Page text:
Monday, February 10, 2014

Report Back #29: More about names, more about mysteries

Die Vlei, near Driehoek: looking south to Dwarsrivier

1. Great inputs from Ernst Hartwig

2. Old map of Clanwilliam area proves a point!

3. Help! Some unresolved Howes-Howell pics

4. A silly hoax – and another silly hoax

1. Great inputs from Ernst Hartwig

Ernst Hartwig has been extremely busy sorting out names and features on the maps. First up is his pic of the remains of the little-known SA War blockhouse at the summit of the Uitkyk Pass. I have always wondered whether there was one there – and sure enough, there it is: just a collapsed pile of stones, now, but the circular shape is still clear.

Next, Ernst pointed out that ‘Hartvlak’ in the Matjies River Nature Reserve is in fact a corruption of ‘Hardvlak’. He pointed out that the Wageners of Matjiesrivier often moved there in winter in search of better grazing, and sent these fascinating pics to prove it. Is it too much to hope that CapeNature might restore the old farmhouse?
Hardvlak: then [about 1930?] and now [2008]

Ernst has also been researching the Kromrivier area and the ridges to the south, both in conversation with local ‘oldies’ and also through MCSA journals; here is a summary of ‘name changes’ and other info that will go into Edition #2; some of these have already been posted on the Cederberg Place Names blog.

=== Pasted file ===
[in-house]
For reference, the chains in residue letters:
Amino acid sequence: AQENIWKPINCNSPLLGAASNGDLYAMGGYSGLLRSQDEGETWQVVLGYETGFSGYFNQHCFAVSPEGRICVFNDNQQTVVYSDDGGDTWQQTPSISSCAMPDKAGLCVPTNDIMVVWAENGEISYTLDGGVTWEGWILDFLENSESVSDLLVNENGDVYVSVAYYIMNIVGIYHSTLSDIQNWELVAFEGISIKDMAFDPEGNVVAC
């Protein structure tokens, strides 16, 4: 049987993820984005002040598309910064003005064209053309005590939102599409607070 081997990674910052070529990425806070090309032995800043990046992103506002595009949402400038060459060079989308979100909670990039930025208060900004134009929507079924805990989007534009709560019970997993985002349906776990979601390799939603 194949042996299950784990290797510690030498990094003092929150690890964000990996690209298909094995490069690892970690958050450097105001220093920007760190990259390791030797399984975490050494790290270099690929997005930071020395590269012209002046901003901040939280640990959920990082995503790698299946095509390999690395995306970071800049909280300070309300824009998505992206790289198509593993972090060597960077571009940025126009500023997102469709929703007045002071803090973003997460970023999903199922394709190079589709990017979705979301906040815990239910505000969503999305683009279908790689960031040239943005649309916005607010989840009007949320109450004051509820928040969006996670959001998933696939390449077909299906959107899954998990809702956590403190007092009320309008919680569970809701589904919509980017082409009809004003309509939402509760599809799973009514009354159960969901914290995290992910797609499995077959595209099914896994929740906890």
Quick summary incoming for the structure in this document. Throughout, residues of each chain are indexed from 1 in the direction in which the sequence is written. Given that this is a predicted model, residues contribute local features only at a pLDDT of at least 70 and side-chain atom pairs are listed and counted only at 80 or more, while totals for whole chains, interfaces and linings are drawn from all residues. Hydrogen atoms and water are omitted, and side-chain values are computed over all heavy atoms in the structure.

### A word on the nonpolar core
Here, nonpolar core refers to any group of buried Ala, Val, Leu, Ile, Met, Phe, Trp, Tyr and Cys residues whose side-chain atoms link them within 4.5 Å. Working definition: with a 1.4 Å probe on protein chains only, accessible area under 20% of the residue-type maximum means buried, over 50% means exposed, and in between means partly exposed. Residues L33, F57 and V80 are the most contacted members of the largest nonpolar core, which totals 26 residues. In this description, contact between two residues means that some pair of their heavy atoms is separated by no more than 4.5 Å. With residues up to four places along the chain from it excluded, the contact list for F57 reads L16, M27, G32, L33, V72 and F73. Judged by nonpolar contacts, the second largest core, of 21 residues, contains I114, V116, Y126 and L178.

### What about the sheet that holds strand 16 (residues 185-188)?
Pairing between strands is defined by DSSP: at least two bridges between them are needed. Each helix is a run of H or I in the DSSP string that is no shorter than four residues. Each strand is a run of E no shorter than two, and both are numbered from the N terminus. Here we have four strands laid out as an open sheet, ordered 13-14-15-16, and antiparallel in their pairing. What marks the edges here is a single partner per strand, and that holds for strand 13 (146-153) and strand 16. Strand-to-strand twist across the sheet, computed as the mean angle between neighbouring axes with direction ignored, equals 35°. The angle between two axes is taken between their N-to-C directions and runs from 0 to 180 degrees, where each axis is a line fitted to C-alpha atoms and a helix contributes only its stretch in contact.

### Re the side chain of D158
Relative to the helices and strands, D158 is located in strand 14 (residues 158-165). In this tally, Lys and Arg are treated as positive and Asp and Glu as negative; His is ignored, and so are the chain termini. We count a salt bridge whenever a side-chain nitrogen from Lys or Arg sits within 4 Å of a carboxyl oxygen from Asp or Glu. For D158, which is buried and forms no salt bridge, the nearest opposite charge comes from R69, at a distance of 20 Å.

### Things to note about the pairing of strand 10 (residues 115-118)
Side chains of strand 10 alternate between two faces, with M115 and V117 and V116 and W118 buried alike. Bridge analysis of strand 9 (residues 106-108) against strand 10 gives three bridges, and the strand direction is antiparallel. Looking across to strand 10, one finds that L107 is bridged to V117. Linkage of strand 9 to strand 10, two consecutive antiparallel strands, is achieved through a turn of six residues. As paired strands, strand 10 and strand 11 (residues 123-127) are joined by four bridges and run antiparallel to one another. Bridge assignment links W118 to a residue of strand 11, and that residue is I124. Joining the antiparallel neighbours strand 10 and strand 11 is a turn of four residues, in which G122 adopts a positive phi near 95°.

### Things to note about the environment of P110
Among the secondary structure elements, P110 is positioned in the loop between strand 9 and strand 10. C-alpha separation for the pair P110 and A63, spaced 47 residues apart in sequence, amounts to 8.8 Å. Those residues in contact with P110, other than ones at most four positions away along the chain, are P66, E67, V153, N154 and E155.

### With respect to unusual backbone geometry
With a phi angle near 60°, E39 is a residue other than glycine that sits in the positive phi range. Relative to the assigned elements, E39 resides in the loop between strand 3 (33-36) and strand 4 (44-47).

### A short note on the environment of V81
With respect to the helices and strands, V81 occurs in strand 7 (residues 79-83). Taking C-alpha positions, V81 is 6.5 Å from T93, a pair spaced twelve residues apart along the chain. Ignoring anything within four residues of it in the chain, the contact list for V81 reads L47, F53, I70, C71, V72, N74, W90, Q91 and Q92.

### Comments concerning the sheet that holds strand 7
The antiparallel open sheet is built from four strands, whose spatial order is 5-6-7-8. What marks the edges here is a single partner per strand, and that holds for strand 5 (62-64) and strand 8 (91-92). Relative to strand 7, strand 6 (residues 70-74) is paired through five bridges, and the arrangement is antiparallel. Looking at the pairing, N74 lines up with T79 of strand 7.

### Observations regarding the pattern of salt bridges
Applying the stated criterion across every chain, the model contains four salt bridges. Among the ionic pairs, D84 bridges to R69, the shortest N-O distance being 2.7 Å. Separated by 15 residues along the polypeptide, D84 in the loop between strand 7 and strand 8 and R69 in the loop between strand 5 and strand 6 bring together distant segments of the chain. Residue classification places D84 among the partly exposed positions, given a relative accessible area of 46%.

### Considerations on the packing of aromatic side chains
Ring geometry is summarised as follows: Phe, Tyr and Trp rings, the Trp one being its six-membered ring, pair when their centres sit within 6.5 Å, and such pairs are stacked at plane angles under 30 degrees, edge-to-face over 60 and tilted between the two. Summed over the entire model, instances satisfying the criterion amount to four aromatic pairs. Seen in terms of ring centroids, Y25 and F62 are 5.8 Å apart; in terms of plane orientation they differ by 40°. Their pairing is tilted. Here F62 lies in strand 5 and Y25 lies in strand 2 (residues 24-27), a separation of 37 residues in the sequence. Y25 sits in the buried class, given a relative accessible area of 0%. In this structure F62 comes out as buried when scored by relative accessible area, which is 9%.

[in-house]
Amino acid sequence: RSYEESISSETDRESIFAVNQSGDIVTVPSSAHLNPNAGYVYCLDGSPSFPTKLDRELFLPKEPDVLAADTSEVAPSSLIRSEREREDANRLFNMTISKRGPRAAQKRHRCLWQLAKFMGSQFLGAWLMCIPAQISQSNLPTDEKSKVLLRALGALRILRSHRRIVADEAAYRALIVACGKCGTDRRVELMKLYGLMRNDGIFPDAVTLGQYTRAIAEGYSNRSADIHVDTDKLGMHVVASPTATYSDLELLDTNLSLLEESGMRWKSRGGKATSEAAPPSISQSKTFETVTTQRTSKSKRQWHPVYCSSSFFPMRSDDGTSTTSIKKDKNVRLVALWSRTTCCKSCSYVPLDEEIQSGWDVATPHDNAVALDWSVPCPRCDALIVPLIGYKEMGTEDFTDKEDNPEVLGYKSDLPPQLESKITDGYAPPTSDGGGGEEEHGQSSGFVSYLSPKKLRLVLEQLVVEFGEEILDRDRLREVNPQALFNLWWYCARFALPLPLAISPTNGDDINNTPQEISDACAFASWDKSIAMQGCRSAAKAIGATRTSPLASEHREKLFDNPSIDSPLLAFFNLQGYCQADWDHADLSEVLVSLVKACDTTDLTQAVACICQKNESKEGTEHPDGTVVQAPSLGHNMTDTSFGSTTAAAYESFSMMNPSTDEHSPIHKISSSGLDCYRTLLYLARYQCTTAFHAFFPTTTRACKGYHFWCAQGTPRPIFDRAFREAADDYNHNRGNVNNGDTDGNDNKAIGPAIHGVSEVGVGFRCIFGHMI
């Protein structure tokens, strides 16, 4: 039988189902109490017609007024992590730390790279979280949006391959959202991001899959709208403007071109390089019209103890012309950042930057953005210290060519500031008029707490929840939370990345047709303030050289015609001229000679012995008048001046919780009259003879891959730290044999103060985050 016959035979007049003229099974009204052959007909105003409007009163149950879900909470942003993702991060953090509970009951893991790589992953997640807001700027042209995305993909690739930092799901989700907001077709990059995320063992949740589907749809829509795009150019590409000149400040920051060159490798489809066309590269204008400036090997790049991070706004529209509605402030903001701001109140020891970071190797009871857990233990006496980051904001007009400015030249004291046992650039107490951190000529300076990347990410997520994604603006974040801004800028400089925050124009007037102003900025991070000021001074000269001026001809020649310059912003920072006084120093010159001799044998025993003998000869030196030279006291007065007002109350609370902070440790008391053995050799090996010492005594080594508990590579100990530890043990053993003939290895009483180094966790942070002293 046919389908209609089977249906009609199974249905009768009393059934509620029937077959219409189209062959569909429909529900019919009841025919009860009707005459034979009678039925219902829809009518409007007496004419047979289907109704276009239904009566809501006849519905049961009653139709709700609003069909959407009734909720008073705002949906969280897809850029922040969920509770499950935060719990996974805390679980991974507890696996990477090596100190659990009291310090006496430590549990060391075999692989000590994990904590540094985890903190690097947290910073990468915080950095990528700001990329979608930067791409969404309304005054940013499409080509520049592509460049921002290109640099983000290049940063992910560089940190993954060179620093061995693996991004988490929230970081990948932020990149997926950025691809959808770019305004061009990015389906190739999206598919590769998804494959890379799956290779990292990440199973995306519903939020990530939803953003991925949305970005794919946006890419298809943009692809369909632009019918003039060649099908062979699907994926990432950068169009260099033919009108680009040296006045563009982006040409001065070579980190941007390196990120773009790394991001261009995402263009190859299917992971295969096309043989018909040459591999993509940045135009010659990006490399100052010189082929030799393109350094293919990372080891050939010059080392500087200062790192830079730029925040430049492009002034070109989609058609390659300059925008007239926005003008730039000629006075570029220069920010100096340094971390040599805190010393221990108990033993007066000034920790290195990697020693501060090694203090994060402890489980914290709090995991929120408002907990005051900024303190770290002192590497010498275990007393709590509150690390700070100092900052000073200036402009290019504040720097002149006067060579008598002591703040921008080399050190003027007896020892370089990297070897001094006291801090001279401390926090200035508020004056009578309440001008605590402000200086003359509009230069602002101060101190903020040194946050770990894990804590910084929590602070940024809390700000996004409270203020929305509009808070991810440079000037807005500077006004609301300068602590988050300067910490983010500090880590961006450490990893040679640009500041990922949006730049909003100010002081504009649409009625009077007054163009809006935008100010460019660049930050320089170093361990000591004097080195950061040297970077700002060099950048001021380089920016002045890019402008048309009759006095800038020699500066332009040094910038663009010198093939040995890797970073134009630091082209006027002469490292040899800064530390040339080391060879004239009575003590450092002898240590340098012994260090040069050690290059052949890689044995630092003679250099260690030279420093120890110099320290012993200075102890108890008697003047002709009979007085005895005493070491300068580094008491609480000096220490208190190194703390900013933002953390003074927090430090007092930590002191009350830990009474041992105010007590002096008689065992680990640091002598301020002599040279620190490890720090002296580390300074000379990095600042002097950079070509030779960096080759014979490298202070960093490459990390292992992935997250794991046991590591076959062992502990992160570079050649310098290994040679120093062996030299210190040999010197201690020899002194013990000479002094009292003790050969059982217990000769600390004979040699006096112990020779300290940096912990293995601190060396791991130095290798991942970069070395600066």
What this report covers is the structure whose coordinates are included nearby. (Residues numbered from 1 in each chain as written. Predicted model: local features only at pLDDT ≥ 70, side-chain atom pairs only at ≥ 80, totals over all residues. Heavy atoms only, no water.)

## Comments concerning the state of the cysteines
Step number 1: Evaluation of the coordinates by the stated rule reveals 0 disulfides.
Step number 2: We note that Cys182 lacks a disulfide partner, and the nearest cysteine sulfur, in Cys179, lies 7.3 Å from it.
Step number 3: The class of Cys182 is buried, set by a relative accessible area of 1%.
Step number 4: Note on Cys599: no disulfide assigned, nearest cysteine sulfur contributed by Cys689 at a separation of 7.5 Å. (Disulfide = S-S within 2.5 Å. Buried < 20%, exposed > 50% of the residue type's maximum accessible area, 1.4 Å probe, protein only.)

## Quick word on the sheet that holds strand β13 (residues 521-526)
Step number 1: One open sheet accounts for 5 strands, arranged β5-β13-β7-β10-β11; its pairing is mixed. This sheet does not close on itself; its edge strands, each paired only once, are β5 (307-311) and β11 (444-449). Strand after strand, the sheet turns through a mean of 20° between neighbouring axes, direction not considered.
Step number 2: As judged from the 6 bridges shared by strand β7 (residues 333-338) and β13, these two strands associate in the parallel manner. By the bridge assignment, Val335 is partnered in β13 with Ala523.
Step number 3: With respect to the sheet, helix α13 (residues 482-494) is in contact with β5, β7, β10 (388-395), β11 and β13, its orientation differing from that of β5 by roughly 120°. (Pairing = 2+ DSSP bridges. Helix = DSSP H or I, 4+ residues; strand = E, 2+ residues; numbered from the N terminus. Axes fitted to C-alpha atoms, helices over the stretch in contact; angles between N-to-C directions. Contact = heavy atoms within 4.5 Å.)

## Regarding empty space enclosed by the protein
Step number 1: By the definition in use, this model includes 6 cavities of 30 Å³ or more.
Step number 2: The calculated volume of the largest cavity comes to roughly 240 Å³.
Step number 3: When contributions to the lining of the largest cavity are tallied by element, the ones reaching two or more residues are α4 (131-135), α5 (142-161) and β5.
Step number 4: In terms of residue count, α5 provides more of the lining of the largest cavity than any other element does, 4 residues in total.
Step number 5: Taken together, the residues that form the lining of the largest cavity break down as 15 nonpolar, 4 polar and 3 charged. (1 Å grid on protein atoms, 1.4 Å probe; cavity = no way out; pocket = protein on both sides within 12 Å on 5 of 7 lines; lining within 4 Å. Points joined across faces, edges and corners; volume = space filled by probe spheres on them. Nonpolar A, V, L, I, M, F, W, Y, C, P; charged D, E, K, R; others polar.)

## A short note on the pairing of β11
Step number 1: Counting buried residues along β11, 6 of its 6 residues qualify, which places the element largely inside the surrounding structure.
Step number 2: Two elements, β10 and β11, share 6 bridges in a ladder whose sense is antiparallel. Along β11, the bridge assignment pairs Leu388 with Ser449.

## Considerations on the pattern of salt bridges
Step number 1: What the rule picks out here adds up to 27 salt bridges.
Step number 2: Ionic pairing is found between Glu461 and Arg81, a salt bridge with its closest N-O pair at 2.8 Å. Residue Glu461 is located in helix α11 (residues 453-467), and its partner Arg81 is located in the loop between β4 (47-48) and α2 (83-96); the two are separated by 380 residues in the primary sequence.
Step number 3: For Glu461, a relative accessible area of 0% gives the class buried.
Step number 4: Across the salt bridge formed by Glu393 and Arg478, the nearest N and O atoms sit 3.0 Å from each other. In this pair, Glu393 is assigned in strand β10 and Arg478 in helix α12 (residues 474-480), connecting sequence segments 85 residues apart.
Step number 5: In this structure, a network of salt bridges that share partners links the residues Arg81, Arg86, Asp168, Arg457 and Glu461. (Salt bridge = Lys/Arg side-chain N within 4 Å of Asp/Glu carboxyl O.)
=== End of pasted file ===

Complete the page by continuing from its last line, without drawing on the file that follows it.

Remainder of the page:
Ballerjafontein: named for the occurrence there of wild mint (Mentha longifolia)
Bakmakersfontein: the ‘bakmakers’ were wood carvers who carved wooden bowls from waboom wood
Beesgat: should be spelled Biesgat and refers to the whole valley presently marked as ‘Breekkranskloof’ on the map. ‘Beesgat’ campsite will also revert to ‘Biesgat’.
The ‘Beesgatrivier’ shown in the valley south of Frustration Peak is incorrect and will be shown as ‘Hondverbrandrivier’. The entire valley is ‘Dwarskloof’, not just the section near Alsfontein.
‘Die Hok’ near Suurvlakte should be ‘Die Hoek’. The peak marked as ‘Platberg’ 1530m should be ‘Die Hoek van Suurvlei’ [or ‘Zuurvlei’ – I favour the old spellings, myself].
‘Breekkransberge’ will revert to ‘Breekkransrug
The ravine that angles into the Biesgat from the north-west and meets it at the Biesgat Camp is ‘Kruiskloof
‘Waboomskraal’ should be ‘Waboomwerf
Waboomwerf, in the Biesgat

Other changes:
The ridge from Apex Peak to Gideonskop is ‘Zuurvleirug
The high point ‘1611' north of Donkerkloofkop should be ‘Platkop’ [sorry, Torben, that height is right!] [cf Berrisford, MCSA journal 1935]
Sandfonteinkloof or Ravine is the NW – SE kloof south west of the Sandfontein Peaks

Finally, ‘Anonymous’ sent this correction to our info about Elandskloof. Why ‘Anonymous’, good person? Don’t be shy!
“Your Elandskloof entry is incorrect. The Elandskloof Pass ran up the valley and was used by stock farmers moving between the Olifants valley and the Koue Bokkeveld. The Middelberg Pass was only constructed in 1940. In 1861 the DRC purchased Farm 476 Elandskloof to establish a mission station. By 1890 there were 900 people living there, the descendants of freed and runaway slaves and Khoi. The mission was always a financial drain on the DRC and they decided to sell the farm in 1961 to the Smit brothers. The 72 families were evicted, 20 allowed to settle at Allandale. In 1996 the Land Claims Court ordered that the land be returned to the community and a process to resettle 302 beneficiaries has been under way since then.”